It would be a strange situation if every time you wanted to pay for information, you had to buy and sell a load of shares. Yet we now find the more an asset manager turns over their portfolio, the bigger the slush fund they build up to spend on research.
I don’t like ‘going on about charges’ just for the sake of it. But it seems the charges story has a far more complex plot than many of us had thought.
Labour leader Ed Miliband’s intervention into the debate last summer brought the focus onto portfolio turnover rate. Yes, the Neptune fund quoted as the worst example of high portfolio turnover turned out to be a stellar performer. But Miliband was right to highlight the issue, which hints at the idea that someone in the City is making a lot of money out of portfolio turnover.
Of course, brokers make money out of their clients buying and selling shares, and like any other business, the more they do it, the more they make. And quite right too. But conflicts of interest are starting to emerge in the way brokers are paid in what looks like a less serious but still significant re-run of the soft commission furore of the last decade.
When asset managers buy and sell, they pay commission to the broker for the deal. This might be around 15bps, I am informed. But only about half of that cost goes to pay for execution. It now emerges that the other half goes to pay for research provided to the fund manager.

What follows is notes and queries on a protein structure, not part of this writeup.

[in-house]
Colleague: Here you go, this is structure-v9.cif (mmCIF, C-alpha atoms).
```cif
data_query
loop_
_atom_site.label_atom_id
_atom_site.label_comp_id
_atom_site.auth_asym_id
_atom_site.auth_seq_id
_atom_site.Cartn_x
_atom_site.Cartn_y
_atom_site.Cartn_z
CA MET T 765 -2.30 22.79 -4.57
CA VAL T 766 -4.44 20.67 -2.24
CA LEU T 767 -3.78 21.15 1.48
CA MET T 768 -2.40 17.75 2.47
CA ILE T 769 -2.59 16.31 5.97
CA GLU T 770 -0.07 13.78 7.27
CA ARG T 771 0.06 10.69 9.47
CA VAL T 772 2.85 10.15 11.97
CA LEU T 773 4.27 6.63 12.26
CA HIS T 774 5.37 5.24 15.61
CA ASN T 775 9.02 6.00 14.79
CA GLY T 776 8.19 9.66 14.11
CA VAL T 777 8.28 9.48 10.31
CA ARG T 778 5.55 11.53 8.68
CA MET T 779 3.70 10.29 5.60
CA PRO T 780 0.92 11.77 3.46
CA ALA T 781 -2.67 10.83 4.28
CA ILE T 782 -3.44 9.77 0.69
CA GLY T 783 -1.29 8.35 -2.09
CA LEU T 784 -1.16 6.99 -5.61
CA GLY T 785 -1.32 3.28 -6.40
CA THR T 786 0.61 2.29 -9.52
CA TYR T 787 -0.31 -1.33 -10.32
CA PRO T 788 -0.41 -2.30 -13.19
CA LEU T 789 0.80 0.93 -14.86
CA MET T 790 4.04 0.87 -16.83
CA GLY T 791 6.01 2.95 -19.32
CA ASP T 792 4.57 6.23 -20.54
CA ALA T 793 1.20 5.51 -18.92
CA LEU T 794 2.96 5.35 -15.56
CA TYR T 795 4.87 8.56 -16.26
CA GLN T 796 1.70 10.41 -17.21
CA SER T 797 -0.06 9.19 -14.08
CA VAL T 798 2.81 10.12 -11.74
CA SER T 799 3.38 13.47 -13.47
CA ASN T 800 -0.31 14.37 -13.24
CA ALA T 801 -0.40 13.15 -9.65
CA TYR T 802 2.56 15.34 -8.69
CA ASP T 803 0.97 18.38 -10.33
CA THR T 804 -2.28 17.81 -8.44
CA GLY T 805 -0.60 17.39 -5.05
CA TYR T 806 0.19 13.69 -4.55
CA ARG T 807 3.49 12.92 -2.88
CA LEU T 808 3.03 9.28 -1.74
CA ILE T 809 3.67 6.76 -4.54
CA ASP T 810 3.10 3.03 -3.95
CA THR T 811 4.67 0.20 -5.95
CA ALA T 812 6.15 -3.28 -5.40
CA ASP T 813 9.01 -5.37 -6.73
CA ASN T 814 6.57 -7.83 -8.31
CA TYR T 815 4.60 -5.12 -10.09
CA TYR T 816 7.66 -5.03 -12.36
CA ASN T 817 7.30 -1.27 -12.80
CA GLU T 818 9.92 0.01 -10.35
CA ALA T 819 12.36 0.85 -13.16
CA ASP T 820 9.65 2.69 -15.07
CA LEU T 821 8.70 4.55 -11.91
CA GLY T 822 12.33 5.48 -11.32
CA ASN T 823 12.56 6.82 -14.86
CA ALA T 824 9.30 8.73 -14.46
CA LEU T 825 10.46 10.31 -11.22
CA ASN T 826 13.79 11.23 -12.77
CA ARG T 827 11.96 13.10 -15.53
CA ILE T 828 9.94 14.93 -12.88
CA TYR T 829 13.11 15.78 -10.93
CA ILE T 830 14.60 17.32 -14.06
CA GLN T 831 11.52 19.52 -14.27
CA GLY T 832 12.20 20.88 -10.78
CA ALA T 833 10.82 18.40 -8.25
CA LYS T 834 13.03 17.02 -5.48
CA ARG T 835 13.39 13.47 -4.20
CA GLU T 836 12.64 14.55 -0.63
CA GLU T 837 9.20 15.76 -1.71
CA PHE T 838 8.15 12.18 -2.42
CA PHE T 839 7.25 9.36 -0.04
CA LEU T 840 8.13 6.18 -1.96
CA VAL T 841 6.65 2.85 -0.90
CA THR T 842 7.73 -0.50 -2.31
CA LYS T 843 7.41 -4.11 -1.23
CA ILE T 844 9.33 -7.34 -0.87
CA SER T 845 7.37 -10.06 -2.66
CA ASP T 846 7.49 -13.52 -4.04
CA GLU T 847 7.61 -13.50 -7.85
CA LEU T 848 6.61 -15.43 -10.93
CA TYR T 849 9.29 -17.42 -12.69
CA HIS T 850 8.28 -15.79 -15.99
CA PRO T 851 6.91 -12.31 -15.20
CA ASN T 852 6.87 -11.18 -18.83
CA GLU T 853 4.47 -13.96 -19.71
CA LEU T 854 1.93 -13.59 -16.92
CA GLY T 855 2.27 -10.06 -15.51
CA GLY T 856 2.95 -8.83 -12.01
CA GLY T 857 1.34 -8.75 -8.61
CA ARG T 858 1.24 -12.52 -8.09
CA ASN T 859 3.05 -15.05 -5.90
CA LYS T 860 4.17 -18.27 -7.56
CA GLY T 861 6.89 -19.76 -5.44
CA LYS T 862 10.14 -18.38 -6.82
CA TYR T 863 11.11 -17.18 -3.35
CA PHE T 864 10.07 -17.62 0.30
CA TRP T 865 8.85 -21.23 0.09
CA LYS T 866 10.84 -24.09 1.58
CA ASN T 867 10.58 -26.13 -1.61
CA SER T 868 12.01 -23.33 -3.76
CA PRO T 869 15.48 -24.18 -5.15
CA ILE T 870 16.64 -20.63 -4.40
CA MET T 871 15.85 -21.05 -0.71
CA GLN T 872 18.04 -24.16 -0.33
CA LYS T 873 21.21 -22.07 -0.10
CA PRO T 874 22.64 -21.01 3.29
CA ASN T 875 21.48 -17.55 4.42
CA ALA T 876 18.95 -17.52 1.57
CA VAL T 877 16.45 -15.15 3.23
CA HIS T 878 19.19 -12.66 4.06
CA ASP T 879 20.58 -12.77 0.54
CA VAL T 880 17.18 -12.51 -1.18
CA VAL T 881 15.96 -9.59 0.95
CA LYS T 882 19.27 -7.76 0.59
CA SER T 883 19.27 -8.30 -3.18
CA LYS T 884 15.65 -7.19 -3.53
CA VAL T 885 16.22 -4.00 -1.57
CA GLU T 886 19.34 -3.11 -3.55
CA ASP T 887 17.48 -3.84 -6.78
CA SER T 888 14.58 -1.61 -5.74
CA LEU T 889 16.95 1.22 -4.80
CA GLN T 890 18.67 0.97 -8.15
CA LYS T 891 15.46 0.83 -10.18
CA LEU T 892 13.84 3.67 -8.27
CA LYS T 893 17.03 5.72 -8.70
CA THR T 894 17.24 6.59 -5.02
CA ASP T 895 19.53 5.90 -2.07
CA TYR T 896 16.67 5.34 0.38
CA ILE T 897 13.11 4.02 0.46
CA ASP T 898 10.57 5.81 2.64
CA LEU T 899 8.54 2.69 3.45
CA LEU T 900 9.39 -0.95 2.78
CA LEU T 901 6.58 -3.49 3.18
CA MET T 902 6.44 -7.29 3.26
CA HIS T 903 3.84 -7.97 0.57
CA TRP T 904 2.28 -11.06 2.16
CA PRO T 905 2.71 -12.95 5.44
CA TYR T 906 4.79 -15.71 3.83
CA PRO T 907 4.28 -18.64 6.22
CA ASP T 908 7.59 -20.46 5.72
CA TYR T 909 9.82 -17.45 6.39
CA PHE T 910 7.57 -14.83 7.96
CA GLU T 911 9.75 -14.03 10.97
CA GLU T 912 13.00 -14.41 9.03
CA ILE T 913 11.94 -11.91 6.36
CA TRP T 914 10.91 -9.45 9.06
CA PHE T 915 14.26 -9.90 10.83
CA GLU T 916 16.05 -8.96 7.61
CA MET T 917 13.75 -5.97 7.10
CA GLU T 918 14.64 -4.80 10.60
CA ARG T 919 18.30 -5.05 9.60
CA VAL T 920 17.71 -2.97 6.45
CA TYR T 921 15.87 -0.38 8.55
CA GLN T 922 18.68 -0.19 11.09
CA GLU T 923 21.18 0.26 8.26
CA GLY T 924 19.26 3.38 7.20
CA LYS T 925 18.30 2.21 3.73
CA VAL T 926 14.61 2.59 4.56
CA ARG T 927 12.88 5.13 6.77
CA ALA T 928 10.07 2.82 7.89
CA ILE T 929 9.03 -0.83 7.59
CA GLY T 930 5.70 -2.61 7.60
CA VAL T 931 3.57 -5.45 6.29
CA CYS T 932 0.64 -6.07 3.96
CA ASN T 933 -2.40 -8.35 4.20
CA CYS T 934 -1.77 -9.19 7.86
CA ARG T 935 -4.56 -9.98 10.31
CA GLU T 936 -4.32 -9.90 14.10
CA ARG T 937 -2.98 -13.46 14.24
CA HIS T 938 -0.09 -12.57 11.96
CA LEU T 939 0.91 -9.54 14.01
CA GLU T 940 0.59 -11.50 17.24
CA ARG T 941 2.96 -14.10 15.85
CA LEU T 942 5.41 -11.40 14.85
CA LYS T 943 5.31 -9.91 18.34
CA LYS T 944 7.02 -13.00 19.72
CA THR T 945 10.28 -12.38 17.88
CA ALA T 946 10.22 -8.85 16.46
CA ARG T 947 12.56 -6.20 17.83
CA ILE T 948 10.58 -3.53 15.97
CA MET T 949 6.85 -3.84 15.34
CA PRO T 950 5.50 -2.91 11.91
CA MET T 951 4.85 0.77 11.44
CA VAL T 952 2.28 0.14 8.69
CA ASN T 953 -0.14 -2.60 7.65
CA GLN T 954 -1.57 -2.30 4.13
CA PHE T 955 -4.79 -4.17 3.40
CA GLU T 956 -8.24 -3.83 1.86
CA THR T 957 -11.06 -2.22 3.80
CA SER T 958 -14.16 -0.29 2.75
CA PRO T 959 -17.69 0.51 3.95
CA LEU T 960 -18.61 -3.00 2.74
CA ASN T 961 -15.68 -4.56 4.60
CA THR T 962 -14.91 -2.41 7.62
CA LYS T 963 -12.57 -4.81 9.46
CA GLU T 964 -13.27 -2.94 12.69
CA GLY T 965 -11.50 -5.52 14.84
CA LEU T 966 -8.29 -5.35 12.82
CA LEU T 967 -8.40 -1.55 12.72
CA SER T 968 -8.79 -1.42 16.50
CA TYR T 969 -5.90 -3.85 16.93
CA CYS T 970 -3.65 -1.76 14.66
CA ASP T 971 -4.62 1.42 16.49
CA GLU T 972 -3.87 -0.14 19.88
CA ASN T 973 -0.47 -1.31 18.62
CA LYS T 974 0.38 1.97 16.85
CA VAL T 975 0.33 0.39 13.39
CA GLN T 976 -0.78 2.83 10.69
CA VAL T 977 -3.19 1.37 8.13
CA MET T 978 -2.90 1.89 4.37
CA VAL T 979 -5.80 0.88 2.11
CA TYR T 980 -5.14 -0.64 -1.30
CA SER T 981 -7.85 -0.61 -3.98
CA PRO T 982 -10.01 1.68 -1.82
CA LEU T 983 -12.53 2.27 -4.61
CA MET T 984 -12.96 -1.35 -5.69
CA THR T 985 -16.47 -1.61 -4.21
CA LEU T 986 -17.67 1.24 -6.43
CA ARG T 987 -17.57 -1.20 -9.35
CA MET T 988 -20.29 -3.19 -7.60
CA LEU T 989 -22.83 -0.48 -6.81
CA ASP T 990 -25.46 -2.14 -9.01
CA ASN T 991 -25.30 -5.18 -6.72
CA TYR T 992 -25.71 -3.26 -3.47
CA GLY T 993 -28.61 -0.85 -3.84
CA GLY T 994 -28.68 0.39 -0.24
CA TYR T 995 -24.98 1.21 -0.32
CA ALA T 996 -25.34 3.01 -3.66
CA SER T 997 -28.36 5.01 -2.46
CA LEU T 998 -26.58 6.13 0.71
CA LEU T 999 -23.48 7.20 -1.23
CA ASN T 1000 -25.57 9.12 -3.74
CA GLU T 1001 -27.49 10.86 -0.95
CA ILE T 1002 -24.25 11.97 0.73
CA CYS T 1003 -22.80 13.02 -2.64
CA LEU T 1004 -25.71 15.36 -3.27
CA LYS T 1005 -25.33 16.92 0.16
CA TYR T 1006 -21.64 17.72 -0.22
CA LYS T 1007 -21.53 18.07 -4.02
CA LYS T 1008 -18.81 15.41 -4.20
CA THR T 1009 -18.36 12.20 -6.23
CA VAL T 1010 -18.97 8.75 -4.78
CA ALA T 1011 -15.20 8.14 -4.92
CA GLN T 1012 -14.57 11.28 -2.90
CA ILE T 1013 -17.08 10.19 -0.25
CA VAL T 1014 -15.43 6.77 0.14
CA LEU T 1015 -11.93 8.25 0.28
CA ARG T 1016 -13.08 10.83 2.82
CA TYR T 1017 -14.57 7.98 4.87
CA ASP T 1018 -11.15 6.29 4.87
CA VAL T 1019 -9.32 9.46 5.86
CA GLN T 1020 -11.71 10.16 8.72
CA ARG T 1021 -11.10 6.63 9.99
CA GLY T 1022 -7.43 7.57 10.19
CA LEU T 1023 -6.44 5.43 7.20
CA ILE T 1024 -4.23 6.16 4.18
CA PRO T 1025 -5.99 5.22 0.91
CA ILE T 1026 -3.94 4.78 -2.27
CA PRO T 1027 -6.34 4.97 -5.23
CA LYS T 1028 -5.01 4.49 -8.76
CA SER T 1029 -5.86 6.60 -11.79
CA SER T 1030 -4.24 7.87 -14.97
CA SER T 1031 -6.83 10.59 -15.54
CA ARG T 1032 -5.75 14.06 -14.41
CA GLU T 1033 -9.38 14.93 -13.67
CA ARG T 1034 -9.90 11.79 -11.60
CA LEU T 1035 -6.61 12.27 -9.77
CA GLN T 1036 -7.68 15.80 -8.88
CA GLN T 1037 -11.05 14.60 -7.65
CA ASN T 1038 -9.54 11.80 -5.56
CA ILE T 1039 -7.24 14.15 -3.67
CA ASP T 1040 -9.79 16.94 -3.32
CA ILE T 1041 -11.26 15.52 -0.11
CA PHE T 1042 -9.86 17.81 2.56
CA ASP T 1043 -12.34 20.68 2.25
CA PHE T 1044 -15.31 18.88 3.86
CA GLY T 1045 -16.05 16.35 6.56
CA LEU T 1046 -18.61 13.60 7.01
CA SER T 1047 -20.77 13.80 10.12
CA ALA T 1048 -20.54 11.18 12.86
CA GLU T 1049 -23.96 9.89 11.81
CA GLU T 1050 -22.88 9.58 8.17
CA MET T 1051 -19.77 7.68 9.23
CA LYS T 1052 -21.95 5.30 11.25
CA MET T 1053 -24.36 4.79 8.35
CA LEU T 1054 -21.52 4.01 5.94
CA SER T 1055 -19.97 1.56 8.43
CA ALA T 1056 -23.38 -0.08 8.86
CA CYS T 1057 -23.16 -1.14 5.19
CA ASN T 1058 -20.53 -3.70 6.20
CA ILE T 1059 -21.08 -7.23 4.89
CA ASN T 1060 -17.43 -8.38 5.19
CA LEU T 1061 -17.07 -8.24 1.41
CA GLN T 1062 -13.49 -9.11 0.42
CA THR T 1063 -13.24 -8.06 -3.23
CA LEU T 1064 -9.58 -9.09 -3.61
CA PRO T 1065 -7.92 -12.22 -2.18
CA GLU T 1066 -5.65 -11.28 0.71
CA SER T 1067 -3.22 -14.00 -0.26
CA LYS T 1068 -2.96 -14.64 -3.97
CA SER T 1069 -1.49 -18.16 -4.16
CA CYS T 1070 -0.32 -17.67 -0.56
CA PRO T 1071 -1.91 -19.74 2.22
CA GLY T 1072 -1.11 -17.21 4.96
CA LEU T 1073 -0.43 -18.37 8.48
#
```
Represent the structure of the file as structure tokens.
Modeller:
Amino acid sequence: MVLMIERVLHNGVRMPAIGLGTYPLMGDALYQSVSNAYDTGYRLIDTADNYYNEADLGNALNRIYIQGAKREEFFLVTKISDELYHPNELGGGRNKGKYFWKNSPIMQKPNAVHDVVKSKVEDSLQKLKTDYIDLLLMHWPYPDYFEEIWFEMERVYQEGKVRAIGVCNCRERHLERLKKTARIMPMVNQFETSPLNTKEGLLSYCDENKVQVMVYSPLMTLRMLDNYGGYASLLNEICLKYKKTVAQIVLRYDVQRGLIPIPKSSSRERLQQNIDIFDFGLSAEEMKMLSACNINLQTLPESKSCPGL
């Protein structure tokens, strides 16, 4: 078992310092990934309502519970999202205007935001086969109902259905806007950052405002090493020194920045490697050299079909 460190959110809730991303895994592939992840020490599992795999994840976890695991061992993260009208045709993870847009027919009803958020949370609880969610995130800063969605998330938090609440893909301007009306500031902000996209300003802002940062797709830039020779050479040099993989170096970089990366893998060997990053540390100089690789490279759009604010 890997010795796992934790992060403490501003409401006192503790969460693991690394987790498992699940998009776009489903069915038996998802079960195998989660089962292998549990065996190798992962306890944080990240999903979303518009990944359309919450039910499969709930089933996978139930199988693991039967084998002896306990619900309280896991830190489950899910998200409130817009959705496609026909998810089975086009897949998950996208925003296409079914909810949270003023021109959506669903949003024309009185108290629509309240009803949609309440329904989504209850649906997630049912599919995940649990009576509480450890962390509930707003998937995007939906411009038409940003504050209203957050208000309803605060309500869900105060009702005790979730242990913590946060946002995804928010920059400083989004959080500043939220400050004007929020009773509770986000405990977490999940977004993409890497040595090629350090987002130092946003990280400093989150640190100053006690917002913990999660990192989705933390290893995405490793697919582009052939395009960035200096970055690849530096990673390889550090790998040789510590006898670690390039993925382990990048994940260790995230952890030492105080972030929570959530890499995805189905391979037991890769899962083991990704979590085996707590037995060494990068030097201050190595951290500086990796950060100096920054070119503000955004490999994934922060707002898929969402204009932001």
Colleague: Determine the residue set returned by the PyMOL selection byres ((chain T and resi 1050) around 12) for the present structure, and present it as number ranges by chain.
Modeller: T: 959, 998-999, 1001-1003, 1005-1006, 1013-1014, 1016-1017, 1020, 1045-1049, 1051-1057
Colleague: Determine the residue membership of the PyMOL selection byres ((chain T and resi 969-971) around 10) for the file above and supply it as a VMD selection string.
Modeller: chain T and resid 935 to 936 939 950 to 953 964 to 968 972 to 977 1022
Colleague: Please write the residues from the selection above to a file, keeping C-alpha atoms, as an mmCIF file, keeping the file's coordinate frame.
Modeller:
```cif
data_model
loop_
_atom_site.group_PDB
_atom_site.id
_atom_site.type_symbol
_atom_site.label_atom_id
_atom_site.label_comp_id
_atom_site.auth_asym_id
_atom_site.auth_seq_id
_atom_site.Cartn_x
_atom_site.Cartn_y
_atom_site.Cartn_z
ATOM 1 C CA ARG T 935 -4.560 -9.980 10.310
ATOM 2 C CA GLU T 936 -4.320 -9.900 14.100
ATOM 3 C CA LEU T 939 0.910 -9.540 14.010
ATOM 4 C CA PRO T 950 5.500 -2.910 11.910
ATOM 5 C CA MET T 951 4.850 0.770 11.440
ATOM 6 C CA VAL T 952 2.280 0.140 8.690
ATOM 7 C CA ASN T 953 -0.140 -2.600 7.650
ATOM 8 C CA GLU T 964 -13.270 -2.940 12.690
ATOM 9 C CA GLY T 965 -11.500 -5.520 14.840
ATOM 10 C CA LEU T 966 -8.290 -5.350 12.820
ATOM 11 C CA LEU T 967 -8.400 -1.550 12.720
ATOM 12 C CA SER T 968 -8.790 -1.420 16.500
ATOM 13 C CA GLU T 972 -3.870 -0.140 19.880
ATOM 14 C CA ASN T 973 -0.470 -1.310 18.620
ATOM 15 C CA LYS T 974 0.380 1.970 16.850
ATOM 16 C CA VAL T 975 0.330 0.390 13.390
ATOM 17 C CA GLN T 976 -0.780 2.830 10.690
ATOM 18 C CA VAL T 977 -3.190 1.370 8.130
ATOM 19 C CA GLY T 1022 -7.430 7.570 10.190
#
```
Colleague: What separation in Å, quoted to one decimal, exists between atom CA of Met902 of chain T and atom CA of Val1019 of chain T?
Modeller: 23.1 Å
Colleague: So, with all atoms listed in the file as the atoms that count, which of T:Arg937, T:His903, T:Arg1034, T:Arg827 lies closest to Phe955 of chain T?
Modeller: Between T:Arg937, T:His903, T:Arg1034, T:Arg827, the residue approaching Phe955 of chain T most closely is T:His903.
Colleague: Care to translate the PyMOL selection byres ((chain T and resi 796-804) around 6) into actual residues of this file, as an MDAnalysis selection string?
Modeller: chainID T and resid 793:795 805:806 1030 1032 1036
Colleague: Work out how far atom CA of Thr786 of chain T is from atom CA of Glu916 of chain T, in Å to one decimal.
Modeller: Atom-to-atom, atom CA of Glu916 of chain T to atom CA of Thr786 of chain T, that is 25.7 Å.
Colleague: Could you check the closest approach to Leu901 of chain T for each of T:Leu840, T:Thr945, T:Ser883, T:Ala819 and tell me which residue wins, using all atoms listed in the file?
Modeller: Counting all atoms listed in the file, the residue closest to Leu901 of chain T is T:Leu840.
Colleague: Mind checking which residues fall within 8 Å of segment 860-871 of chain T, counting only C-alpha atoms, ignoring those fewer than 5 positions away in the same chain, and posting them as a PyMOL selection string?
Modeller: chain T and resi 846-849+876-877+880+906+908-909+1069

Nobody would suggest fund managers do not need research. But should that not be declared as part of the cost of managing the client’s money? The FSA currently thinks not. Its Conduct of Business rules say commission can be used to pay for research, provided it actually is research.
But those long-term critics of pension charges will not stop shouting about what they perceive as being a hidden asset management charge until it is reflected somewhere in factsheets. And who can blame them?
Yes it may be complex to show for a single fund, but a broad-brush picture of the level of these costs over the previous three years could be given.
And more fundamentally, why should half the commission a fund manager pays go towards paying for research? If it wants to buy research, why not go ahead and buy it?
An FSA paper published earlier this month highlighted this very point. That paper, Conflicts of interest between asset managers and their customers: identifying and mitigating the risks, spelled out how an investigation into asset managers’ practices around these commissions found most did not exercise the same standards of control over research bought through commission than they did when they paid for the research out of their own pockets.
Fund managers were not all found wanting. One firm is challenging brokers to justify why it should pay for other services. Another set a cap on research services spend, insisting brokers swithc to execution-only rates once this limit was reached. But many did not, simply directing commissions into a research slush fund that then goes to pay brokers for arranging all sorts of extras, many of which the FSA does not see as research.
Some of this cash was being used to give preferential access to IPOs or access to company management, both items that the regulator rightly points out are not ‘research’.
And while there is no evidence to date of any cosy agreements between brokers and providers over allocation of commission for research, as long as you have a pile of money waiting to be allocated, such suspicions are not going to go away.
The insurance and asset management trade bodies understand they need to get their members up to speed on the matter by the year-end.
It seems commissions are paid in this way because they always have been. I am yet to hear a good reason why research costs should not be unbundled from transaction costs.